The specific Office 365 infrastructure that we address -03

The solution + additional Challenges

The main tool that we can use for performing such type of “global search” is our dear friend – the PowerShell.

Given that we decide to use PowerShell as a tool for getting information about E-mail address, SIP address or Office 365 UPN name, the main challenge that we face is – the need to be familiar with each type of Exchange Online recipient and the Office 365 “entity” that we need to address + the specific PowerShell cmdlets that we need to use for addressing this recipient or Office 365 entities.

Two common scenarios of - looking for E-mail address in Office 365

Real life scenarios examples

Scenario 1 – Removing a “registered domain name” from Office 365 tenant

In this type of scenario, Office 365 will “allow” us to remove a specific registered domain name only if no existing “entity” uses the specific domain name. The “entity” could be Office 365 user, Exchange Online recipient and more.

In addition, the domain name that we need to remove can appear as part of the Office 365 UPN name, recipient E-mail address or other attributes.

Only after we found all the entities that use the specific domain name, and we remove this domain name or replace it with another domain name, only then we can remove the domain name that was registered with Office 365 as the tenant domain.

Scenario 2 – searching for a “hidden” E-mail address

In this scenario, we would like to locate existing Exchange Online recipient or Office 365 user who uses a specific E-mail address.

The main challenge in this case is, how to locate the specific E-mail address that could be “belong” to a variety of Exchange recipient types or to Office 365 user (the UPN username).

As mentioned, at the current time Exchange Online include a “search interface” but this search option is restricted to a specific type of recipient such as – Mailbox recipient, resources recipient and so on.


The Exchange recipient objects and Azure Active Directory “recipient objects”

When we say that we want to look for a specific “E-mail address,” it’s important that we also “declare” the specific Exchange “recipient type.”

Associatively we think that “recipient” is a User with a mailbox, but the reality is more complex because, in an Exchange base environment, there are many types of additional recipients such as – mail contact, Public Folder, a different type of groups and so on.

To make thing even more complicated, in an Office 365 based environment the subject of “E-mail address” is not related only to the Exchange Online environment, but also to the Office 365 part, that manages and store Office 365 user accounts – the Azure Active Directory.

For example, Office 365 user login name (UPN – User Principal Name) is based on an “E-mail address” naming convention (Alias + Domain name suffix).

The different types of Exchange Online recipients and Office 365 recipients

The task of – “searching” specific E-mail address in the Office 365 “space,” should include the information about the specific “Mail recipient object” and the specific environment such as Office 365 (Azure Active Directory) or Exchange Online.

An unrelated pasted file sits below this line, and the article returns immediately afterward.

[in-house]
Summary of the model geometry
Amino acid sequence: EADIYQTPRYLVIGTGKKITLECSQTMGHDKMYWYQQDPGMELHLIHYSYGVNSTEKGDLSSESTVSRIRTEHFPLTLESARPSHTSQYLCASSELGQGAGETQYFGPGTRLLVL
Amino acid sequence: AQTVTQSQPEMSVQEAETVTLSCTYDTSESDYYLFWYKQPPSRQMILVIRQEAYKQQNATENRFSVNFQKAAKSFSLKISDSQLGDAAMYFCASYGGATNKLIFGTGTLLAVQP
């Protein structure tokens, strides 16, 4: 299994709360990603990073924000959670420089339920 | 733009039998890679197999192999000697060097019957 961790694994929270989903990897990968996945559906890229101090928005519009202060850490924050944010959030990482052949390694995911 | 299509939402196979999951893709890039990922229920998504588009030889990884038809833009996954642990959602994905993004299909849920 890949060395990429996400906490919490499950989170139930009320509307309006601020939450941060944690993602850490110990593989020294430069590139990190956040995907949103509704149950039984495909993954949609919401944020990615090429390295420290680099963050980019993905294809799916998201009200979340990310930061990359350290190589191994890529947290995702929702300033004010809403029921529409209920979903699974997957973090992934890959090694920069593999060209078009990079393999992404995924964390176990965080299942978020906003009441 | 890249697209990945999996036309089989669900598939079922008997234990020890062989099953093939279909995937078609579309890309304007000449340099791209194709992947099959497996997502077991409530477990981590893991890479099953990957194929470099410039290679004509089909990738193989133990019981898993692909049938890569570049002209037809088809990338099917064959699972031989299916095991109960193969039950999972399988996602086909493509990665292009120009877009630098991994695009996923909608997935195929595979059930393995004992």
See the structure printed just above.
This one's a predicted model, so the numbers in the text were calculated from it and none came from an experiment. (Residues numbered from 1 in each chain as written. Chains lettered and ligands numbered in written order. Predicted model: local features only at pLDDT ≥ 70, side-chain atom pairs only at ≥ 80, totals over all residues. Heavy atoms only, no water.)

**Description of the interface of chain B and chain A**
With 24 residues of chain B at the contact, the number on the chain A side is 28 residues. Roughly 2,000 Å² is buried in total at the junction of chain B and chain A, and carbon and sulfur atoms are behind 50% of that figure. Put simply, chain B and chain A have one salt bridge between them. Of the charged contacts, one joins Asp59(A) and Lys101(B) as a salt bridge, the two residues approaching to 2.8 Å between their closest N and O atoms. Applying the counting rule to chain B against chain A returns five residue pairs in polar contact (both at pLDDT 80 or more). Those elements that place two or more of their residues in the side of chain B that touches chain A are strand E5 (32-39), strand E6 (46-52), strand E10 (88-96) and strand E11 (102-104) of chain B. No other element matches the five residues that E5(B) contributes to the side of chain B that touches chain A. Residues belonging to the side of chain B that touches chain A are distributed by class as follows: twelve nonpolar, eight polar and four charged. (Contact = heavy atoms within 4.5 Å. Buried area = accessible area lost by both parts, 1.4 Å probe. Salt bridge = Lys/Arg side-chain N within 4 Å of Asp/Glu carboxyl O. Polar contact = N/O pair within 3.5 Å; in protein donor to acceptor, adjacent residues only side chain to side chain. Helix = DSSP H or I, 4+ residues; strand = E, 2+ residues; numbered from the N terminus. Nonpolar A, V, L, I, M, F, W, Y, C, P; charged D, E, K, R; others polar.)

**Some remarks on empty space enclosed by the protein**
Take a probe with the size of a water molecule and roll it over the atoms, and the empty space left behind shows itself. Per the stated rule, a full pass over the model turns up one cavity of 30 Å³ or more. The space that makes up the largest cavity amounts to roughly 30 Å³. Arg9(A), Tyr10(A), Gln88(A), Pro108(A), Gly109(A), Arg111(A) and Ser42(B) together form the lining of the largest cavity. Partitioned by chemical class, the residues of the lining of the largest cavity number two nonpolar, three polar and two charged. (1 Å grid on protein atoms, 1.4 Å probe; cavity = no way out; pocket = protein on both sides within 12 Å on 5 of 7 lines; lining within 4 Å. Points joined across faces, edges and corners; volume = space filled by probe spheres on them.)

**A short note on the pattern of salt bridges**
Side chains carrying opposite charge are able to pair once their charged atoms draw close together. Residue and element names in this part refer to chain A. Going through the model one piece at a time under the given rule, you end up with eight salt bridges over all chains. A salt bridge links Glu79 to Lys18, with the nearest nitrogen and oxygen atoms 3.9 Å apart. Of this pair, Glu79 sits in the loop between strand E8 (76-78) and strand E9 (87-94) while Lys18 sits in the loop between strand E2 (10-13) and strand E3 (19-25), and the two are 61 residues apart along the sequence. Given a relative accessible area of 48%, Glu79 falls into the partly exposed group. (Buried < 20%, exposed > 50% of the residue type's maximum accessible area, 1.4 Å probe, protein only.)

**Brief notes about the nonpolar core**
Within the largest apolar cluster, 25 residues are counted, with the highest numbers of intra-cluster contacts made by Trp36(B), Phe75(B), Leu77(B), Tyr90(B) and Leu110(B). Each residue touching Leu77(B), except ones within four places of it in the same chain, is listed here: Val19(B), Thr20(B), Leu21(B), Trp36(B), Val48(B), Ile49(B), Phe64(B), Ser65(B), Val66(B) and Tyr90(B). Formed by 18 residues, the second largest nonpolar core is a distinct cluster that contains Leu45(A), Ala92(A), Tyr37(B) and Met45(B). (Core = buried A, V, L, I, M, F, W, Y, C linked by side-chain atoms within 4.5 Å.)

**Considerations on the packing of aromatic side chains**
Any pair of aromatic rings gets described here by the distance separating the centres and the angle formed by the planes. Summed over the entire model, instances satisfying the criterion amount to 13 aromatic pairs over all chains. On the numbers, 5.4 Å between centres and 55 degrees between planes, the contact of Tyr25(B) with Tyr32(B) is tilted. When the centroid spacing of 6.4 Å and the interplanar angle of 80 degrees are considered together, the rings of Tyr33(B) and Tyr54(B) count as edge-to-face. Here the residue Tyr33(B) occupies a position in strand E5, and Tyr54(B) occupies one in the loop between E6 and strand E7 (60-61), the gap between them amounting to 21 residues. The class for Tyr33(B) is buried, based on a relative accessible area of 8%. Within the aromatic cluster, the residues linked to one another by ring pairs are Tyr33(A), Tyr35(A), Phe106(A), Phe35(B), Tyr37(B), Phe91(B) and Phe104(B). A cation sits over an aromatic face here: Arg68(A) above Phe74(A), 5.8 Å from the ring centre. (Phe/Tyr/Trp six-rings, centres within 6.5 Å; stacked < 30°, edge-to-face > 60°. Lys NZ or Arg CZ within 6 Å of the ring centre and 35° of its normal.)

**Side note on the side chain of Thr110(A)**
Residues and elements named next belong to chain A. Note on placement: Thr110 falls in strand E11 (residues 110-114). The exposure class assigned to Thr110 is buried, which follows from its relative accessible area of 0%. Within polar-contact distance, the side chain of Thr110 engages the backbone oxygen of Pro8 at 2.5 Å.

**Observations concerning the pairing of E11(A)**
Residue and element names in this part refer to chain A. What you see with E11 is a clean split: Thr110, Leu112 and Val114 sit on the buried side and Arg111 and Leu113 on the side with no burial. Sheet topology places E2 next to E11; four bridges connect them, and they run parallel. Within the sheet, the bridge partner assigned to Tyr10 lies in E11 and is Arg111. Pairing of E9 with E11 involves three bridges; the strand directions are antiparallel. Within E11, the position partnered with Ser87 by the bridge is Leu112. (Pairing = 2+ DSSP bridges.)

The ability to review in detail each of the specific Exchange Online recipient type and their specific characters + each Office 365 (Azure Active Directory) object type, is beyond the scope of the current article.

Even though, I would like to provide a high-level review of the:

Different type of Exchange Online recipient, the PowerShell cmdlets that we use for getting information about the specific recipient type and the “Exchange Online classification” of the specific object.

As mentioned, Office 365 (Azure Active Directory) also includes information about the user account that uses the UPN name (identical structure as E-mail address) and includes information about groups and contacts.


Exchange Online recipient types

In the following section, I would like to review the PowerShell cmdlets that we use to address the various Exchange Online recipient type and the objects in the Azure Active Directory.

We will start with the Exchange Online based environment and in the next section, we review the Office 365 (Azure Active Directory) environment.

The following table includes a list of all the Exchange Online available recipient types and the PowerShell cmdlets that we use for getting information about each Exchange Online recipient type:

Exchange recipients
RecipientGet-Recipient
* Remark 1
Mailbox recipient
MailboxGet-Mailbox
* Remark 2
User object
UserGet-User
* Remark 3
Contact recipient
ContactGet-Contact
* Remark 4
Mail ContactGet-MailContact
* Remark 4
MailUserGet-MailUser
* Remark 5
Public Folder recipient – Mail enables Public Folder
Public FolderGet-MailPublicFolder
* Remark 6
Group recipient
DistributionGroupGet-DistributionGroup
Dynamic Distribution GroupGet-DynamicDistributionGroup
Unified GroupGet-UnifiedGroup
* Remark 7

Remark 1 | The PowerShell command Get-Recipient

We can relate to the PowerShell cmdlet “Get-Recipient” as a “super cmdlets” that we can use to get information about any type of existing Exchange Online recipient.

The rule of “all available Exchange Online recipient” is true beside two exceptions:

  • An exchange online mailbox that considered as soft deleted (Get-Mailbox -SoftDeletedMailbox)
  • Unified Exchange Online group (Get-UnifiedGroup)

In case that we want to look for a specific E-mail address or a specific domain name suffix, and we want to create a “search scope” that will include – all the available recipient’s objects in the Exchange Online based environment, we will need to use a combination of the three PowerShell cmdlets:

  1. Get-Recipient
  2. Get-UnifiedGroup
  3. Get-Mailbox -SoftDeletedMailbox